Biden warns of 'severe consequences' if Putin moves on Ukraine
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The news comes as Russia ramps up its military presence at the border of Ukraine. With over 175,000 personnel now ready in the region, the US has warned allies the Russian leader may be planning a renewed invasion for real this time — and found Moscow in an increasingly belligerent mood. In the past few days alone, Putin has likened Ukraine’s policy in the Donbas, the border region where Russia has led a slow-burning separatist war since 2014, to “genocide” — words Kyiv fears may be a pretext to invade.
Konstantin Malofeyev, an Orthodox Christian tycoon who has close ties to the Donbas rebel said: “The war won’t last a week. It’ll be over in a matter of days.
The whole regime will wind up in London and go around telling everyone that they would have ridden their tanks into Moscow if the [west] hadn’t given up on them.”
The US has shared intelligence to convince even the most sceptical European allies that Putin may be prepared to make good on Russia’s quasi-imperial ambitions early next year but has yet to conclude precisely when or if he may give the order to invade.
Officials and analysts in Washington and Europe, and even people close to the Kremlin in Moscow, admit Putin’s true intentions with Ukraine remain a mystery.
Some speculate a troop build-up is a form of “reflexive control” that Russia has used to pressure the US into halting NATO’s expansion.
Others see the aspersions Putin casts on Ukraine’s statehood as a sign the president is now willing to solve what he sees as the key foreign policy dilemma of his two decades in power with force if necessary.
Tatiana Stanovaya, founder of political consultancy R.Politik. says: “This is his life’s work. Everything he’s done as president has been about fighting Nato expansion.”
She added: “So now he thinks it’s either now or never.”
The United States has warned of severe consequences should Russia invade Ukraine.
Foreign Secretary Liz Truss and US Secretary of State Antony Blinken “expressed deep concern” about the amassing of Russian troops at the border with Ukraine during their meeting ahead of G7 foreign ministers gathering in Liverpool on Saturday.
A spokesman from the Foreign, Commonwealth and Development Office (FCDO) said: “Both agreed their support for Ukraine and expressed deep concern about the build-up of Russian troops on Ukraine’s border.
“In addition, they said that any incursion by Russia would be a strategic mistake for which there would be serious consequences.
“The Foreign Secretary and Secretary Blinken both agreed on the importance of defending and promoting freedom and democracy, and the need for a unity of purpose from the G7 to achieve this.”
The pair also spoke about tech and security cooperation while stressing the “need for Iran to meaningfully engage on a nuclear deal”, the FCDO added.
Ms Truss also met new German foreign minister Annalena Baerbock, during which they spoke about the “need to stand up to autocratic regimes that threaten the free world”, unity in the face of Russia’s “threat” to Ukraine, the Northern Ireland Protocol and the European migrant crisis.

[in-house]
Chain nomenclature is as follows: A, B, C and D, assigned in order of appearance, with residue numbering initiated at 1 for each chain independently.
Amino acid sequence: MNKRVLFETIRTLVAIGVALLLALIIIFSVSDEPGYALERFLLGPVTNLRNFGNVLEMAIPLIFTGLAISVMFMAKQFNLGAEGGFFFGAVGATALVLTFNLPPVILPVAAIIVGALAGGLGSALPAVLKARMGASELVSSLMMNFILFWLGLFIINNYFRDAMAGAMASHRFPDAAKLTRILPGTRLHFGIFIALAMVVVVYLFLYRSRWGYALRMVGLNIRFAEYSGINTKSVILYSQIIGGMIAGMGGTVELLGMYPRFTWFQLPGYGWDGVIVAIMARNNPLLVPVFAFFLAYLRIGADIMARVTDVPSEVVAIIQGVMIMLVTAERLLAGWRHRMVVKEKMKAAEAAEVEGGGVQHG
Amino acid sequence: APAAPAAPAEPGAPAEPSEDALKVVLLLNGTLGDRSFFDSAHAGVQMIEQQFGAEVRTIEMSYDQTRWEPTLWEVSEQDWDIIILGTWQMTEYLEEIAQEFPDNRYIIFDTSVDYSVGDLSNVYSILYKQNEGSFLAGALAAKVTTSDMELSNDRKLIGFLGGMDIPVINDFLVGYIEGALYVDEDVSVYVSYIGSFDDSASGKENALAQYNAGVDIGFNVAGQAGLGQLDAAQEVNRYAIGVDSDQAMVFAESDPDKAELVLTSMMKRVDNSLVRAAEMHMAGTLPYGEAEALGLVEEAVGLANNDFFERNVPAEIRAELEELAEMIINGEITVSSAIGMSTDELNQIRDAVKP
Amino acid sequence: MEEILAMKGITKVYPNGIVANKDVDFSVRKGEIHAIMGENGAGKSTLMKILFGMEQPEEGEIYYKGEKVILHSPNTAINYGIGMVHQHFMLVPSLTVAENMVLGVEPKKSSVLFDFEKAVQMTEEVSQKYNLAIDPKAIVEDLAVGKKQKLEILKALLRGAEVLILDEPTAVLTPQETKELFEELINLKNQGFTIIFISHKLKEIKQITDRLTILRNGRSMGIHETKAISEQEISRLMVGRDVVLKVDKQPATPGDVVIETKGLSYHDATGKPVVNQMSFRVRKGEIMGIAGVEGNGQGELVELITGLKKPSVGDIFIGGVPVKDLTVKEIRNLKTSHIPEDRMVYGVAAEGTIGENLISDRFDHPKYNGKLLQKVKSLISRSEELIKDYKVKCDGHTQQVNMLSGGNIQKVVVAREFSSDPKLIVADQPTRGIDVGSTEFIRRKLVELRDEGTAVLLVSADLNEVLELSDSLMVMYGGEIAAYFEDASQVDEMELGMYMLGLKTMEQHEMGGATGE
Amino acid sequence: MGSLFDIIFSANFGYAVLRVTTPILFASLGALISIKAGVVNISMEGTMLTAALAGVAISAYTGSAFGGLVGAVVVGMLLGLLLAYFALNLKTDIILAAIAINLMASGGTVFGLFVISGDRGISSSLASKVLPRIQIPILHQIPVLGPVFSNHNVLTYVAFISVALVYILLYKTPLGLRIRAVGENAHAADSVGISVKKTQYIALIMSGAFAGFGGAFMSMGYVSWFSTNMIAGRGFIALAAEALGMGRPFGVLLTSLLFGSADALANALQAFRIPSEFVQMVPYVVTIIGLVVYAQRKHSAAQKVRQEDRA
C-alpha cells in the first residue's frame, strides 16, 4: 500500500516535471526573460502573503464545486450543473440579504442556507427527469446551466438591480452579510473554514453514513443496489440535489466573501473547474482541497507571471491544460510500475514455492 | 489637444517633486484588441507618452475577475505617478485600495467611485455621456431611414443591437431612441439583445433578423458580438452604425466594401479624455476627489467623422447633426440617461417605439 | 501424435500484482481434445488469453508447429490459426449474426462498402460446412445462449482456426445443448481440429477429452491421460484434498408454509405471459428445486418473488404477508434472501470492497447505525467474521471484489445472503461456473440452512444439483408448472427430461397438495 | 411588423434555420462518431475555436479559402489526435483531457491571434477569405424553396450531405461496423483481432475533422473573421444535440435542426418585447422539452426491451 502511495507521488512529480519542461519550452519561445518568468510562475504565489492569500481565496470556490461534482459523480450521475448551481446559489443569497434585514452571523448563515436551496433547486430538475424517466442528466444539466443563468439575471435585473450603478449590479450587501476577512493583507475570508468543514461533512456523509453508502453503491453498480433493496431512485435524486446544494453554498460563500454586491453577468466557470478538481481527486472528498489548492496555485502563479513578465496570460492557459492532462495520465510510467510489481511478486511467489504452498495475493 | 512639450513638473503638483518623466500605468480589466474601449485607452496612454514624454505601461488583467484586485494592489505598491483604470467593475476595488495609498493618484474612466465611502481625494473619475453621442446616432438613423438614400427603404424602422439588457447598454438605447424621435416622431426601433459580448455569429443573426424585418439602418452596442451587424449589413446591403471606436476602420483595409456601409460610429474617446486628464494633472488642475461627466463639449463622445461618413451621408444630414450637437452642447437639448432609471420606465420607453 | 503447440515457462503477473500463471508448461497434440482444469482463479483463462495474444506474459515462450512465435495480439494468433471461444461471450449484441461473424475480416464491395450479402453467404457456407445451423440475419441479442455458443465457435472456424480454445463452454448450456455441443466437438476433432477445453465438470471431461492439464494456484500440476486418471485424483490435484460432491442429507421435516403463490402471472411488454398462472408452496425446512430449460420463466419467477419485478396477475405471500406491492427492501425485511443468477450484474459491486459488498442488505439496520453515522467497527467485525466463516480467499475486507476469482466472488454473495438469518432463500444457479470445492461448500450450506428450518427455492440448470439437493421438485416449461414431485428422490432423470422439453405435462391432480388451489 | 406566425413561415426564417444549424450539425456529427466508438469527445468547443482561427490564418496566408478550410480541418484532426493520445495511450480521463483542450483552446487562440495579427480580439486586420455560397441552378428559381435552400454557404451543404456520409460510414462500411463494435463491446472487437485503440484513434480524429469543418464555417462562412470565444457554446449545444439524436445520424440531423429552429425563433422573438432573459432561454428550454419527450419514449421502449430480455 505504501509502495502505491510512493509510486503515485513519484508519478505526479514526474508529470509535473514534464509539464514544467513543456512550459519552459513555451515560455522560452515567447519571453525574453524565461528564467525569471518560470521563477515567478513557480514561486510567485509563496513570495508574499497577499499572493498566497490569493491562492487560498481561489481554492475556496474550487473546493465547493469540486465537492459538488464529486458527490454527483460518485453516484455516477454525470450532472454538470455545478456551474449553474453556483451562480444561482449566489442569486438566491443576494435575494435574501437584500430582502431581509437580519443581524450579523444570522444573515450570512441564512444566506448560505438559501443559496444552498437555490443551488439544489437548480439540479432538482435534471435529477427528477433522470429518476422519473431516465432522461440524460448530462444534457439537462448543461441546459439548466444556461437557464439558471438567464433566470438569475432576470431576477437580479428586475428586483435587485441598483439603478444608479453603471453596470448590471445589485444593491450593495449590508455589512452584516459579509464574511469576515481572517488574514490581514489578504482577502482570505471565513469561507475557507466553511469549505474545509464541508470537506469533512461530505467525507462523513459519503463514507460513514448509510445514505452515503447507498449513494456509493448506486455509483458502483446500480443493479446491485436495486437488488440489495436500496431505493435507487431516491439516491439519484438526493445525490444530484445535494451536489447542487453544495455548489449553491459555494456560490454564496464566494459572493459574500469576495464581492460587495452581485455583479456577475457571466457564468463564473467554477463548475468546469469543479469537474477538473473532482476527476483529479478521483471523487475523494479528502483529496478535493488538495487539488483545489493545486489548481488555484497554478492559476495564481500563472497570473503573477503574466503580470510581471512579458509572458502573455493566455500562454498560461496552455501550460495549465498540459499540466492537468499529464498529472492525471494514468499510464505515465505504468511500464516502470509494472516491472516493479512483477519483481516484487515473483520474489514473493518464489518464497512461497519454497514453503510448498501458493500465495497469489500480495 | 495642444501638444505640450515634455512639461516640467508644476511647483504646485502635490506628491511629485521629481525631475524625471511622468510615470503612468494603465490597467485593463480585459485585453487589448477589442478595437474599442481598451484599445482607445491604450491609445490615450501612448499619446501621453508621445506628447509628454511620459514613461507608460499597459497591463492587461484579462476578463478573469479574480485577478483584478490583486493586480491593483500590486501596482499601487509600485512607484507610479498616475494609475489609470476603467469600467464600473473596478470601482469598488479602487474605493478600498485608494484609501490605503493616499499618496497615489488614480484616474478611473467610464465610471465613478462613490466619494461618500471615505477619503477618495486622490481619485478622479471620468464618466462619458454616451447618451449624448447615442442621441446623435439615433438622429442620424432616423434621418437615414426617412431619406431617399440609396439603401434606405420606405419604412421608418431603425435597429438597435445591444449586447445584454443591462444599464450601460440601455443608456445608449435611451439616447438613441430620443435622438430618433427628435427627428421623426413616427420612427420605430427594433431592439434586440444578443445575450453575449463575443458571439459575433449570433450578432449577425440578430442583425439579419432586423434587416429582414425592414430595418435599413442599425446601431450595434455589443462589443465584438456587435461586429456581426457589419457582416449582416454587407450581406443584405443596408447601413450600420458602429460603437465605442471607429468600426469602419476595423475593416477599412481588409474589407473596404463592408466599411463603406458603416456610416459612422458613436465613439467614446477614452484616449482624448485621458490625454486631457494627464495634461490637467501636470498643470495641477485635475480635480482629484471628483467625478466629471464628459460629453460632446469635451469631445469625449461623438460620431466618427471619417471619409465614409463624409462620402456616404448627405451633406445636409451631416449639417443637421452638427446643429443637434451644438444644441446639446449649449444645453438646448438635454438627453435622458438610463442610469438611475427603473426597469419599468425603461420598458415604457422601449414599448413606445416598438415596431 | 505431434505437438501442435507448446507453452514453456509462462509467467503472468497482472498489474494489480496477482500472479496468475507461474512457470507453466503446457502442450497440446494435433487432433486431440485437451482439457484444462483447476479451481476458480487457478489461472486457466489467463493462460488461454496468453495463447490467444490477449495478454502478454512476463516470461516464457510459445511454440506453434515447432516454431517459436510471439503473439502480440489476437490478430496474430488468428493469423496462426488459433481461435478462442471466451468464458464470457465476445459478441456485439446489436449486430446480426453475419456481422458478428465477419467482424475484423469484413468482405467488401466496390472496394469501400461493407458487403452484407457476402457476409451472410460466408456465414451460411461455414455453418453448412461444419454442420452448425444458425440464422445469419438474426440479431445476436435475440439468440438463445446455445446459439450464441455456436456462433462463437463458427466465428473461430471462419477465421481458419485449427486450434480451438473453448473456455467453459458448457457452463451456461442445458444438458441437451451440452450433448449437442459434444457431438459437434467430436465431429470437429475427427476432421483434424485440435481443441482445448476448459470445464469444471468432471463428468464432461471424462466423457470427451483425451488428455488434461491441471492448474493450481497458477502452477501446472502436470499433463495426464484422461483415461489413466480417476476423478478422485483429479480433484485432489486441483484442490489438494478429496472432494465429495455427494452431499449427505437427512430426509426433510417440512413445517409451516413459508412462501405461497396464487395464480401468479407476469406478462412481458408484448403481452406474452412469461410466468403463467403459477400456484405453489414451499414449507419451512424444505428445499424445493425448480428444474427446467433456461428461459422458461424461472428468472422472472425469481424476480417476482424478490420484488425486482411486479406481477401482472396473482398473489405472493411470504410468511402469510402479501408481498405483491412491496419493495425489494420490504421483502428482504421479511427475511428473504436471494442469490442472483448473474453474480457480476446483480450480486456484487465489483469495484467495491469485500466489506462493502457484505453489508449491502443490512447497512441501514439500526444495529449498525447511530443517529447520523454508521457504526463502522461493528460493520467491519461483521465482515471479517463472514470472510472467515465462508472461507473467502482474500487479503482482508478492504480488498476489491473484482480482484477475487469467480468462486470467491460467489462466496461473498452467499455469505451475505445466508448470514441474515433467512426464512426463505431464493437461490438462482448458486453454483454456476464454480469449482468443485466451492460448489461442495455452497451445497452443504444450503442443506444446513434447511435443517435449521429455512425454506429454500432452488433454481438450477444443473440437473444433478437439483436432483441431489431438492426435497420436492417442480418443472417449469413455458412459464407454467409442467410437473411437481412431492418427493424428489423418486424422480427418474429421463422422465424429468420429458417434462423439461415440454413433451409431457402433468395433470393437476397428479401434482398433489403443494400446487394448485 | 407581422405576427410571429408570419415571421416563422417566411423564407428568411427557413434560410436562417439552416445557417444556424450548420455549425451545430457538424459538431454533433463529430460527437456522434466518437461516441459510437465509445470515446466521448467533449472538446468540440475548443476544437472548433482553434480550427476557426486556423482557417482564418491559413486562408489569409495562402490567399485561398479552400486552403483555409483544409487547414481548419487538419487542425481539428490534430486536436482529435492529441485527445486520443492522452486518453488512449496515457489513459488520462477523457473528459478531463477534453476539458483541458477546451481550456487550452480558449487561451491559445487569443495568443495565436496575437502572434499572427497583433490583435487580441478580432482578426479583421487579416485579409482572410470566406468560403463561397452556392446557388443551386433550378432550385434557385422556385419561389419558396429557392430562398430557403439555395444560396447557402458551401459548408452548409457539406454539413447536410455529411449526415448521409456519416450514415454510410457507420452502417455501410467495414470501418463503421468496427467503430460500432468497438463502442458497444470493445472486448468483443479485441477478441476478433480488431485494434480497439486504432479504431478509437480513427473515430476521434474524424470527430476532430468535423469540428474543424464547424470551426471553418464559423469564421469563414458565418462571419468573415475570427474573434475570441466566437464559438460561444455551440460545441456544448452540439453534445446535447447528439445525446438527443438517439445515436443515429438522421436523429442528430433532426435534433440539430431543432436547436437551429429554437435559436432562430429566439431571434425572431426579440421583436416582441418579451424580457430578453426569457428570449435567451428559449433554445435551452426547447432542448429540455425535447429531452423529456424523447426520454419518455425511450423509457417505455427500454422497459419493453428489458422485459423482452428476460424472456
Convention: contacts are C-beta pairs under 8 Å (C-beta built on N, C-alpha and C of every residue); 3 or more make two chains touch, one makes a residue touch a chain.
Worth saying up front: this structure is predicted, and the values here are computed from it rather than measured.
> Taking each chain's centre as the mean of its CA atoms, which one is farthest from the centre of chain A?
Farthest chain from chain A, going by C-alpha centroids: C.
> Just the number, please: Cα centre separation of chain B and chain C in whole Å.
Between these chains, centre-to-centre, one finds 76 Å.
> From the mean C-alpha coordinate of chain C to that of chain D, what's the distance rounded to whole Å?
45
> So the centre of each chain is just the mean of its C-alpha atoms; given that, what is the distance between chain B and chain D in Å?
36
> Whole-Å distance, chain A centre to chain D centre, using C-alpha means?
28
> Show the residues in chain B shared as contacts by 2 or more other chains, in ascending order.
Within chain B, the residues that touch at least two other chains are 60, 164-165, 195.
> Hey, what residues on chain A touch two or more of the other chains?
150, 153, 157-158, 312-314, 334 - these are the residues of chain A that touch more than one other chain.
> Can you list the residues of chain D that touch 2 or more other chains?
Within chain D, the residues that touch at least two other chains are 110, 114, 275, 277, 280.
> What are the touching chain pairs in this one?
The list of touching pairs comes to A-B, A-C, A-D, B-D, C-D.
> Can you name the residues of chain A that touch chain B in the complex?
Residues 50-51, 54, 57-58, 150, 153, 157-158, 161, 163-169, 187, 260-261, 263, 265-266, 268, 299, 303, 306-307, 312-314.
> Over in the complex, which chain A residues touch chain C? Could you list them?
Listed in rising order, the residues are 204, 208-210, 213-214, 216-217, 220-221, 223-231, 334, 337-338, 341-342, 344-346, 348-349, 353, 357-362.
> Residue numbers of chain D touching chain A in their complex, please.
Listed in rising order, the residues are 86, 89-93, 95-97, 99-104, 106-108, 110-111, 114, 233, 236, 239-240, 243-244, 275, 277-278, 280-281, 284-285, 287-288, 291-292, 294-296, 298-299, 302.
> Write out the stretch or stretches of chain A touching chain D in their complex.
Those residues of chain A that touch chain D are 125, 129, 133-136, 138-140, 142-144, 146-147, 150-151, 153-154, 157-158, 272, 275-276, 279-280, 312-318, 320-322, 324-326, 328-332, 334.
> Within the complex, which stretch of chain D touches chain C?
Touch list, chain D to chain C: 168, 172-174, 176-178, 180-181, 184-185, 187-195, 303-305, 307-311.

In a virtual meeting between Joe Biden and Vladimir Putin, the issue of Ukraine was discussed, but much like Mr Biden’s virtual meeting with Chinese Premier, Xi Jinping, no solid conclusions emerged from the encounter.
Reacting for the first time to his video call with Russian President Vladimir Putin this week over Kremlin aggression along the Ukrainian border, President Joe Biden said he was “very straightforward,” and that if Putin decides to invade Ukraine, he would face economic consequences “like nothing he’s ever seen.”
Speaking to the press in Washington, the US President said: “There were no minced words. It was polite, but I made it very clear: If in fact, he invades Ukraine, there’ll be severe consequences.”
The White House earlier said Biden warned Putin that the U.S. “would respond with strong economic and other measures in the event of military escalation,” as Russia builds up its forces on its border with Ukraine.
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Russia however states that Mr Biden is focusing his attention on Moscow to divert attention away from failures at home.
Peter Kuznick, professor of history at American University and co-author of the Untold History of the United States said: “America’s short-term ambition is to bolster Biden’s sagging ratings by portraying him as the ‘Putin tamer.”
He added: “Its long-term ambition is to preserve American hegemony in the West for as long as possible.”
Peter Kuznick, professor of history at American University and co-author of the Untold History of the United States said: “Biden is under a lot of pressure right now to show how strong he is in the aftermath of Afghanistan.”
He added: “What we see is a strong attack on Biden for being weak from the Republicans and a mixed response from the Democrats, some of whom are also putting pressure on Biden to show how tough he is.”
The European Union is also concerned about the consequences of an invasion, in particular as its neighbours the region.
Brussels views the situation on the border as part of a broader campaign by Russia against the EU and its partners, commission officials have said, aligning it with the use of migrants by Moscow ally Belarus to pressure eastern EU states and the use of gas supplies to strong-arm Moldova into reducing its levels of engagement with the EU.
European Commission officials are in daily contact with the Biden administration to discuss potential deterrence measures, a senior EU official said, but no detailed measures are expected to be announced by the 27-member bloc at a summit of leaders next week.
An EU official said: “We will be reacting very robustly in terms of the sanctions we will propose.”
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